At every baseball game the PA announcer is required to read a statement of liability saying something to the effect of, "Ladies and Gentlemen, please be aware at all times for balls and/or bats flying into the stands at any time during the game." I've seen both happen. I've seen little old ladies eating their hot dogs only to be surprised by a foul ball in their laps. I've seen grown men scramble for an illusive bat that slipped from the batter's hands on a rainy day and landed 12 rows deep. Baseball can be dangerous too. I've had the displeasure to see fans get hit in the mouth with a blistering foul ball traveling 100+ mph, and others fall from their seats in attempting to catch said foul ball. As baseball fans, we get it. Bring a glove, watch the game, don't spill your beer...pretty simple really.
What you don't know is the liability statement we each have to abide by in the dugout. In addition to batted balls and wayward bats, we must also be aware of bouncing helmets, post inning glove throws, not to mention the verbal rampages. Baseball players tend to be like thread on a spool. Every failure winds them up a little tighter until one puts them over the edge and they snap. For hitters it is most typically the helmet throw, sometimes in combination with a bat toss. They stomp into the dugout and you can see it in their eyes. They toss the bat aside as if it's defective and then take the helmet in hand. Finding a perfect spot on the ground and focusing in on it, the world around them seems to go dark. They raise the helmet to the sky cursing the "baseball gods" and send the equipment crashing to the ground in a cathartic explosion. While they are wrapped up in their childish antics, the rest of us just happen to be crowded into the same 20 ft dugout covering our faces and jewels so as not to become casualties of failure along with the helmet.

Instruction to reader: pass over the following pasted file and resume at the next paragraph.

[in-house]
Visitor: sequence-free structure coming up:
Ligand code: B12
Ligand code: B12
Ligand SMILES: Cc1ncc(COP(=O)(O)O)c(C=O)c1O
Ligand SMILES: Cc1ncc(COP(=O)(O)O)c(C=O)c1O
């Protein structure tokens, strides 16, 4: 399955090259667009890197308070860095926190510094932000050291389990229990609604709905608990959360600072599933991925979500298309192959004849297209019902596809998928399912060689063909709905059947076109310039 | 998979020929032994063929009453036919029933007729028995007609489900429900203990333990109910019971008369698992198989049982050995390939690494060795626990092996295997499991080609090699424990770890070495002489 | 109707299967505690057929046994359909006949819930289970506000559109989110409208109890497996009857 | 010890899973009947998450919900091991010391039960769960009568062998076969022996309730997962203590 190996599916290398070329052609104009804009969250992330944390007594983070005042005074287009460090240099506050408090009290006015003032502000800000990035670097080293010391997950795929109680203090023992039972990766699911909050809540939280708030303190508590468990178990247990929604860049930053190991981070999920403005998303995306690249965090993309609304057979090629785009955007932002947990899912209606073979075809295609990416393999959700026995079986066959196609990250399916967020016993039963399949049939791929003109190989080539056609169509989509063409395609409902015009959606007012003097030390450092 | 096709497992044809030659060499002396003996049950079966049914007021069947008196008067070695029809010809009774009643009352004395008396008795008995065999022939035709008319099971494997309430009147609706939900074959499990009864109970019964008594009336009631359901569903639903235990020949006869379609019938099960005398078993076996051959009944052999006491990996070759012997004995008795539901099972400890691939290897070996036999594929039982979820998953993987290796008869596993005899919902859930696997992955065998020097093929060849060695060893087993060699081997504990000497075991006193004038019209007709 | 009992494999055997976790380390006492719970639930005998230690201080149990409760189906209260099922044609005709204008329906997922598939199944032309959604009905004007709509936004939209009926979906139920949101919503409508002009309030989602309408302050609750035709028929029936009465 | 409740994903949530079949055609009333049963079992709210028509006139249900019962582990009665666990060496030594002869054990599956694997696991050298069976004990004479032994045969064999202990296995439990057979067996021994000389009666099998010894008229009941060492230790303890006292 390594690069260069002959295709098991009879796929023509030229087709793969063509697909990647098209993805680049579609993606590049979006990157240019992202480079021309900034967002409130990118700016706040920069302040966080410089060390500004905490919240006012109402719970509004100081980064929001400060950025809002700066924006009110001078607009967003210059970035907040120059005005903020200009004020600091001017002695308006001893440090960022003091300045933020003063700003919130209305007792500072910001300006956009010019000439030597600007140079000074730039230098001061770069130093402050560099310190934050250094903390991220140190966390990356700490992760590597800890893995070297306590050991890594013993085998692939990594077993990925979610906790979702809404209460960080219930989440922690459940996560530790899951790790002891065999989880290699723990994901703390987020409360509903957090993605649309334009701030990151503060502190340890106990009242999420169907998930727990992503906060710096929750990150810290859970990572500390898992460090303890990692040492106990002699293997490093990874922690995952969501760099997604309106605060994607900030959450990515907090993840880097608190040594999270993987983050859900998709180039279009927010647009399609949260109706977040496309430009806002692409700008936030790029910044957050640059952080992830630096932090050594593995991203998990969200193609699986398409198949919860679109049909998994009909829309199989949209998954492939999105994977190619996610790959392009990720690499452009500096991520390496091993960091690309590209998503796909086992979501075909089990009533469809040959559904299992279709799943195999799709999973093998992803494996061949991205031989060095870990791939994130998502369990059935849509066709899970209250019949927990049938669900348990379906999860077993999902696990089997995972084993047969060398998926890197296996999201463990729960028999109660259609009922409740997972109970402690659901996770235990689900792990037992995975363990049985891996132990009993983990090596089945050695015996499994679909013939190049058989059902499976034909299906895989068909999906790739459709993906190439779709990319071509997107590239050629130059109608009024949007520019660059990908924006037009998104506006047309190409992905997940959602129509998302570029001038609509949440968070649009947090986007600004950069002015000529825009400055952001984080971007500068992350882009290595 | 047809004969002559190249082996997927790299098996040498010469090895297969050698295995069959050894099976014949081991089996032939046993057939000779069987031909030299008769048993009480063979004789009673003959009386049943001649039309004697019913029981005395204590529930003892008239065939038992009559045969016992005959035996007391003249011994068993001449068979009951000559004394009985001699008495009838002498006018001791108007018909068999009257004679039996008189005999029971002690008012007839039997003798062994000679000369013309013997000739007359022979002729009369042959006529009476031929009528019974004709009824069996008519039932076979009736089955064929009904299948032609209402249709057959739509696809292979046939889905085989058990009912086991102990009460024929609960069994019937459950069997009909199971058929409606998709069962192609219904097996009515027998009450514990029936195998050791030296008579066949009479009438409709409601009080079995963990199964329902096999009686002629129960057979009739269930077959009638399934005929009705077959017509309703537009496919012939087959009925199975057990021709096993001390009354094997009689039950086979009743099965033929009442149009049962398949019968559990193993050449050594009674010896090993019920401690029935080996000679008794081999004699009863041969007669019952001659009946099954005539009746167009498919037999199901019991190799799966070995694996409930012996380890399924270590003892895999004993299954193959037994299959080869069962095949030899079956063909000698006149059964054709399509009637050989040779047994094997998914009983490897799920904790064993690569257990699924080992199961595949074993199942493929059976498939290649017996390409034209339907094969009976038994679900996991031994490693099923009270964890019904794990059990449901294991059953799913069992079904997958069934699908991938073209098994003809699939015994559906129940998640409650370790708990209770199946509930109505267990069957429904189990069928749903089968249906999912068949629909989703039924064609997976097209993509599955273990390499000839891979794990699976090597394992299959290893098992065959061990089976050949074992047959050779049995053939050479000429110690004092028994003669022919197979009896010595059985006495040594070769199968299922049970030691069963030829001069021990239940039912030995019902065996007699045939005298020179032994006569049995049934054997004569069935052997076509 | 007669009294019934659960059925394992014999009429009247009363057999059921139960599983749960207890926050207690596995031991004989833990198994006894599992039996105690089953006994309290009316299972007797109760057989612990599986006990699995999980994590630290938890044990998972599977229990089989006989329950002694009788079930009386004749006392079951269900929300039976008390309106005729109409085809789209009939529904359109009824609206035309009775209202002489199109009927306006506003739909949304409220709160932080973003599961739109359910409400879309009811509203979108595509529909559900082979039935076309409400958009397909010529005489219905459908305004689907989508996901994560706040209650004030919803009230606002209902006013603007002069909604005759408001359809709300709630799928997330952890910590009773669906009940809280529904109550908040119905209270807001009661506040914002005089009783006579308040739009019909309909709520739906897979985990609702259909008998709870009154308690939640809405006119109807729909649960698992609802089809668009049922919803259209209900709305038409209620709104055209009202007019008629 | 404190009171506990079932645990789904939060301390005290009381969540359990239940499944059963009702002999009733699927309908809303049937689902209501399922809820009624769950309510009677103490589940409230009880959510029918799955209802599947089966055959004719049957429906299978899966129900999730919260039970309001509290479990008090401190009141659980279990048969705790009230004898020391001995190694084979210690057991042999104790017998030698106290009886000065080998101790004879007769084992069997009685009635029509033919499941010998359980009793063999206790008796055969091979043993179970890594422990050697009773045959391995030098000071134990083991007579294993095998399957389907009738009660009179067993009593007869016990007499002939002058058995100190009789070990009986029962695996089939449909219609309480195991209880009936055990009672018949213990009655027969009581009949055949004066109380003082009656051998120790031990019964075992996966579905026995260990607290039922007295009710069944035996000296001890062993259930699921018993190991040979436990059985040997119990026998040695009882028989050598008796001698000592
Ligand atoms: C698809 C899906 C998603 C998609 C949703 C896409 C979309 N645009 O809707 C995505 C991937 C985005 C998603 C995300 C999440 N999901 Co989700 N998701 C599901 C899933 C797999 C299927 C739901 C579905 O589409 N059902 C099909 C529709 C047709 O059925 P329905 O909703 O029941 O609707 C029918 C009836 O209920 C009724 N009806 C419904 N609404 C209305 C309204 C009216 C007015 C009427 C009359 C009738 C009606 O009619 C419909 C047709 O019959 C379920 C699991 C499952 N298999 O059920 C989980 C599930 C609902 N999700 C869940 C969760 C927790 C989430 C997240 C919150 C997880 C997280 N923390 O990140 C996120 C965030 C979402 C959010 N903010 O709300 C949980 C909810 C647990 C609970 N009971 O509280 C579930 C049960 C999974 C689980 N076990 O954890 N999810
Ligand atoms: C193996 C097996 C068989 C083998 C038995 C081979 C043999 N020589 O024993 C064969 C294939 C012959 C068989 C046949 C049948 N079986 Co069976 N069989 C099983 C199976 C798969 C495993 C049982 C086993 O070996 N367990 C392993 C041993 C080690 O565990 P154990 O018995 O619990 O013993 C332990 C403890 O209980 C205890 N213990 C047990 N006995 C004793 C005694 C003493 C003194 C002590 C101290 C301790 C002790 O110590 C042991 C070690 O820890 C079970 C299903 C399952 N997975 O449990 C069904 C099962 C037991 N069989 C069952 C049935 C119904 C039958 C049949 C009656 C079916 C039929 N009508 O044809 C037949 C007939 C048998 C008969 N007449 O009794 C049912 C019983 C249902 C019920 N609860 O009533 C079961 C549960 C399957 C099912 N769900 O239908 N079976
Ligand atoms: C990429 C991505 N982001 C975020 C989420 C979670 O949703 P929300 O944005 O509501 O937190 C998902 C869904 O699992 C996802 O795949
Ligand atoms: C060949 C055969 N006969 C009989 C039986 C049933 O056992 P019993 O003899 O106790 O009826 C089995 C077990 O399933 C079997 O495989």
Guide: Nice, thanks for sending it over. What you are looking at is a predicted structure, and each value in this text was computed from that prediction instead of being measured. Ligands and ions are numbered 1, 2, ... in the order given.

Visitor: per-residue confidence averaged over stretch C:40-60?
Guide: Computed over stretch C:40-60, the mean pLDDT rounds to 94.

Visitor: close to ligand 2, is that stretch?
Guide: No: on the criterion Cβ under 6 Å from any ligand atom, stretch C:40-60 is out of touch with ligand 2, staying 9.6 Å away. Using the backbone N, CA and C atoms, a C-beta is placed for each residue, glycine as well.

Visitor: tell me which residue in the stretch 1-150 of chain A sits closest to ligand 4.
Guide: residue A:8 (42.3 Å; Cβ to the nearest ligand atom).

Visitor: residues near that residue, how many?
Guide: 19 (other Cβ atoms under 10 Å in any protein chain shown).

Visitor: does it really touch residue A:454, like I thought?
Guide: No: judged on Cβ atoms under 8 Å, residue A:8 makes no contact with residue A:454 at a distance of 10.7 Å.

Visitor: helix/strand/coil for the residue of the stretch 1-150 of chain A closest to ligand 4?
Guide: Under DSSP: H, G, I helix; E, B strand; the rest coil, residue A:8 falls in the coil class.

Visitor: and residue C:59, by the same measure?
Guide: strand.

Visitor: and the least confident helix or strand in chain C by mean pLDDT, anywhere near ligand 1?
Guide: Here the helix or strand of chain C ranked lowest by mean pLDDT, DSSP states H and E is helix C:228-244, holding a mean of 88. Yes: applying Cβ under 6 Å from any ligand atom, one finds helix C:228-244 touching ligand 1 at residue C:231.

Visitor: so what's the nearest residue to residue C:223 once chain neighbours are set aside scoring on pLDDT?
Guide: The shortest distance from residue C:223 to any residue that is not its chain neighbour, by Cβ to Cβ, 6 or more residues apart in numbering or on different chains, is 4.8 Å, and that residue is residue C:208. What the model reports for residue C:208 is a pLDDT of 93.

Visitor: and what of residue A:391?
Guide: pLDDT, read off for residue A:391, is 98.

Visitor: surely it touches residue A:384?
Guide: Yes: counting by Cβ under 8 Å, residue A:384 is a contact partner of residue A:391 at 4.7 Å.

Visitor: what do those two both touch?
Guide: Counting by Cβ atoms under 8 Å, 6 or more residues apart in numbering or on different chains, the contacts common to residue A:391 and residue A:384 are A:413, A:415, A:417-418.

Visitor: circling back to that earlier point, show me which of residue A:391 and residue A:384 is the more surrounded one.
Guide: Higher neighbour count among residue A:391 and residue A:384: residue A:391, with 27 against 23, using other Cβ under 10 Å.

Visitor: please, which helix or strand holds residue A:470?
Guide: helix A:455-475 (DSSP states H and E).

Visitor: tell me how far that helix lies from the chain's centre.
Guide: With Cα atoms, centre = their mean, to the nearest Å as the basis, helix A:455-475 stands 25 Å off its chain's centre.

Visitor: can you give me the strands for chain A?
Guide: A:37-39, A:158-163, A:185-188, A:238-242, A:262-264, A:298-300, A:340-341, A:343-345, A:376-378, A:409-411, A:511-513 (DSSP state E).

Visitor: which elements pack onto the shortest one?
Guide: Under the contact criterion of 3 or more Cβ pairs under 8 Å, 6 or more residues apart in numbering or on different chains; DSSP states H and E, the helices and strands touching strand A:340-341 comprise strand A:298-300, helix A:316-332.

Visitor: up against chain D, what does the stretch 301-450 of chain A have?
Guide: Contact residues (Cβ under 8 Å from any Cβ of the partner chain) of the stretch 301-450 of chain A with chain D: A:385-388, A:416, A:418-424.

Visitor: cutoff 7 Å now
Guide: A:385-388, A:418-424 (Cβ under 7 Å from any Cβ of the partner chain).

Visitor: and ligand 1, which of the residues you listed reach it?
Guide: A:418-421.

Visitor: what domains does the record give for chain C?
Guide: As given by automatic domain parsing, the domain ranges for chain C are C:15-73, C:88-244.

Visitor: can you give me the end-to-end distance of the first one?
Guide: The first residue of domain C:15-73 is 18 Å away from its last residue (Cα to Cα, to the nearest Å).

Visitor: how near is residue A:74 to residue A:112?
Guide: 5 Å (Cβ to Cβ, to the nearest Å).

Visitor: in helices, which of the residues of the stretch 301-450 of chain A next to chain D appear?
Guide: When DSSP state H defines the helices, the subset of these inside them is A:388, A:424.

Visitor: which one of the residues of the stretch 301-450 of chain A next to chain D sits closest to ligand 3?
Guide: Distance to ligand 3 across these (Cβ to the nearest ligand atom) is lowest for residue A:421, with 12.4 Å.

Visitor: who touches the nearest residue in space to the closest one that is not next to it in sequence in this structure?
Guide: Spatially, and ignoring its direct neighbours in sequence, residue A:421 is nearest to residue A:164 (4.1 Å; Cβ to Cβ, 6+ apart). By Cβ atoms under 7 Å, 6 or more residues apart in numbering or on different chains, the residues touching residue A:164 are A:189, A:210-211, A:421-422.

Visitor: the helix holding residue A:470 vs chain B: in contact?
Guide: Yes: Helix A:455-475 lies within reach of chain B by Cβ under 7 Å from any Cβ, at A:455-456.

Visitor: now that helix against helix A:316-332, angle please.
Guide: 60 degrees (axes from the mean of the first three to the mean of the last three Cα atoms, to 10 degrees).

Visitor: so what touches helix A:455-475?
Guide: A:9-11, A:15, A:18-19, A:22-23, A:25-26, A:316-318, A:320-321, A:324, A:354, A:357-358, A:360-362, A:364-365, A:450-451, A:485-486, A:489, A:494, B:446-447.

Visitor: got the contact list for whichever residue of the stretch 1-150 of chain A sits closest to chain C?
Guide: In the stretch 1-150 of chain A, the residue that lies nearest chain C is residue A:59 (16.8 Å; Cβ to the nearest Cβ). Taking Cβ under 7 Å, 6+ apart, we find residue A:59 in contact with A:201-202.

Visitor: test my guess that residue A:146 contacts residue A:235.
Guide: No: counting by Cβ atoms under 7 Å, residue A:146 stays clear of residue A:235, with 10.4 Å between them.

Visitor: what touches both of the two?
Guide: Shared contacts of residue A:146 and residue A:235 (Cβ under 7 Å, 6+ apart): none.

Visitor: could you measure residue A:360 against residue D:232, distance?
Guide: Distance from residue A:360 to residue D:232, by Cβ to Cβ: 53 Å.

What really gets to me, though, is the unnecessary blow up. A pitcher throws 7 shutout innings only to give up 2 in the 8th. Not really cause to throw your glove across the dugout and scream obscenities in the direction of the family of four seated in the first row. In the same way, a hitter slaps a scalding liner off the pitcher's foot that bounces straight to the first baseman. Two steps out of the box then right back to the bench. While i'm in the middle of giving some encouraging cliches, I see the helmet whizz by my face only inches from smashing the thing it's made to protect. A player to be named later did just this yesterday, and I kinda lost it. This was the 4th or 5th time i've been threatened by flying helmets this season, and it's just a matter of time until one finds me. I picked up the discarded helmet, brought it back to the player, and slammed it on the bench right beside him. I yelled, "You hit the ball hard! What are you mad about?" I tossed the helmet to the other end of the dug out and told him to put it away like a good boy. Call me dramatic, but my self preservation instinct is unpredictable. Nobody said don't get upset. Everyone has the right to be disappointed. Just do it in the clubhouse, wait until no one is around, and get it all out without endangering anyone. Get mad, but please get over it when my face is nowhere near your helmet.